I know many people have been doing it this year, but it turns out  I've got homework to do before I work from home again.

Like may businesses, we've been limiting office hours at the radio station since early in the year. We mail out prizes for people who win contests, and our sales staff has been exiled form the building. All of our meetings look like the Brady Bunch or Hollywood Squares on Zoom calls. Individually, our on-air work routines vary, but we generally do what we can at home before coming in to the studios to be on the radio. Since March we've had a back up plan, and I had to make use of it at the end of last week. I made it look good on social media, but working from home was not all I had hoped it would be. My home studio needs more work before I work from home on a regular basis.

Like everyone else on-air, last March I was issued a laptop with a USB microphone and the password for the VPN. Until last week, I had only used the laptop to check email, update the website, publish articles and poke around the internet to see what was going on in the world. (I might have spent some time on Facebook looking at mountain bike and pinball groups too.) I never accessed the radio station interface from home. I figured that part out pretty easily, but it turns out things were much more complicated.

The workings of the system are pretty straightforward. Essentially, I click between the songs where I want to talk. I record what I'm going to say and, kind of like an audio email, a file gets sent to the station and saved on the program log. As long as we keep just a couple of minutes ahead of what's happening, everything works fine. It wasn't the timing that was a problem working from home, it was the environment. When I listened back, it sounded like I was inside the bathroom. My third bedroom is not very big, but the echo was cavernous. There isn't a lot of furniture in the room, as you can see, just a television, CD rack, the kitchen table that I use for a desk and the pinball machine. It sounded like I was shouting in an empty auditorium. If you've ever talked through the wrapping paper roll at Christmas, you've got a good idea of what it sounded like.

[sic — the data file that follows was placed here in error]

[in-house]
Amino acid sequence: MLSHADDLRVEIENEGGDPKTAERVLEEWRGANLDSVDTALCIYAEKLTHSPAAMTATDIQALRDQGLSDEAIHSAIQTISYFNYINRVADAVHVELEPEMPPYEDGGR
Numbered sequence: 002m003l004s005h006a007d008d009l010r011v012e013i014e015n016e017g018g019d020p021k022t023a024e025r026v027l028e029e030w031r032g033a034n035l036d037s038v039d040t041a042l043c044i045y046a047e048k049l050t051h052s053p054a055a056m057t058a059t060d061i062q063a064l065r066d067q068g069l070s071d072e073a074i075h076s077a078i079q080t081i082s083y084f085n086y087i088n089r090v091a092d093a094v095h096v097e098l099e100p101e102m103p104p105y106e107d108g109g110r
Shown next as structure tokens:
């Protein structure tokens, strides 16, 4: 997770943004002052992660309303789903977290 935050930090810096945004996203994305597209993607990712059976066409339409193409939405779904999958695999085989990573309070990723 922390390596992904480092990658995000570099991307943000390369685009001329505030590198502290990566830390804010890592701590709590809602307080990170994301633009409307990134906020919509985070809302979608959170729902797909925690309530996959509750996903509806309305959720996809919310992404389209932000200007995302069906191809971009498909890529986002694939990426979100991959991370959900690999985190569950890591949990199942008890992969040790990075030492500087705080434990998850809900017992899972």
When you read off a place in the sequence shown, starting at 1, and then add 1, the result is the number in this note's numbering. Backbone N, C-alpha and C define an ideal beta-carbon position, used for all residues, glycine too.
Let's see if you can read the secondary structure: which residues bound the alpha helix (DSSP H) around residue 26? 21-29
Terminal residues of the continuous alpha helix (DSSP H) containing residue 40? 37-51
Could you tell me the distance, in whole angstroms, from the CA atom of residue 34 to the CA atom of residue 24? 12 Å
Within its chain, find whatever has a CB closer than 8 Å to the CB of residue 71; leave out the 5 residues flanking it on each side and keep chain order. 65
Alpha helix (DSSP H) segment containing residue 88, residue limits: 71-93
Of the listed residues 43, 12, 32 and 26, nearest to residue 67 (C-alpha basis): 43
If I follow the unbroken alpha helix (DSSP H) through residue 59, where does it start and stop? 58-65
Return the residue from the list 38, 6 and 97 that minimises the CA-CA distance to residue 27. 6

Now, the clock is ticking. We're rolling through songs and I've got to figure out a way to dampen the sound that is bouncing off the walls at home. In the studio, we have foam acoustic panels on the walls that are designed to do just this. At home, I had to make due with what I had on hand. First, I stepped into the closet to see if it might be better there and it was...a little. Still not completely satisfied, I brought up an old ladder from the basement and threw a blanket over the top. I slid my laptop with USB microphone and headphones plugged in under the blanket and then crawled in myself. It was just like being in a fort when you were a kid. It sounded great.


So, even though the pictures I posted on Facebook looked like I was cranking up some Classic Rock between runs at the high score on Top Card and relaxing, I actually had to crawl under the pinball machine and was sitting under the blanket talking to you. Borderline TMI: it was hot under there. I was more than happy to be back in the RKR studios on Monday, standing fully upright and playing the Classics. I've got some work to do at home before I work from home again.

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Photos: Bobby Guy
Photos: Bobby Guy

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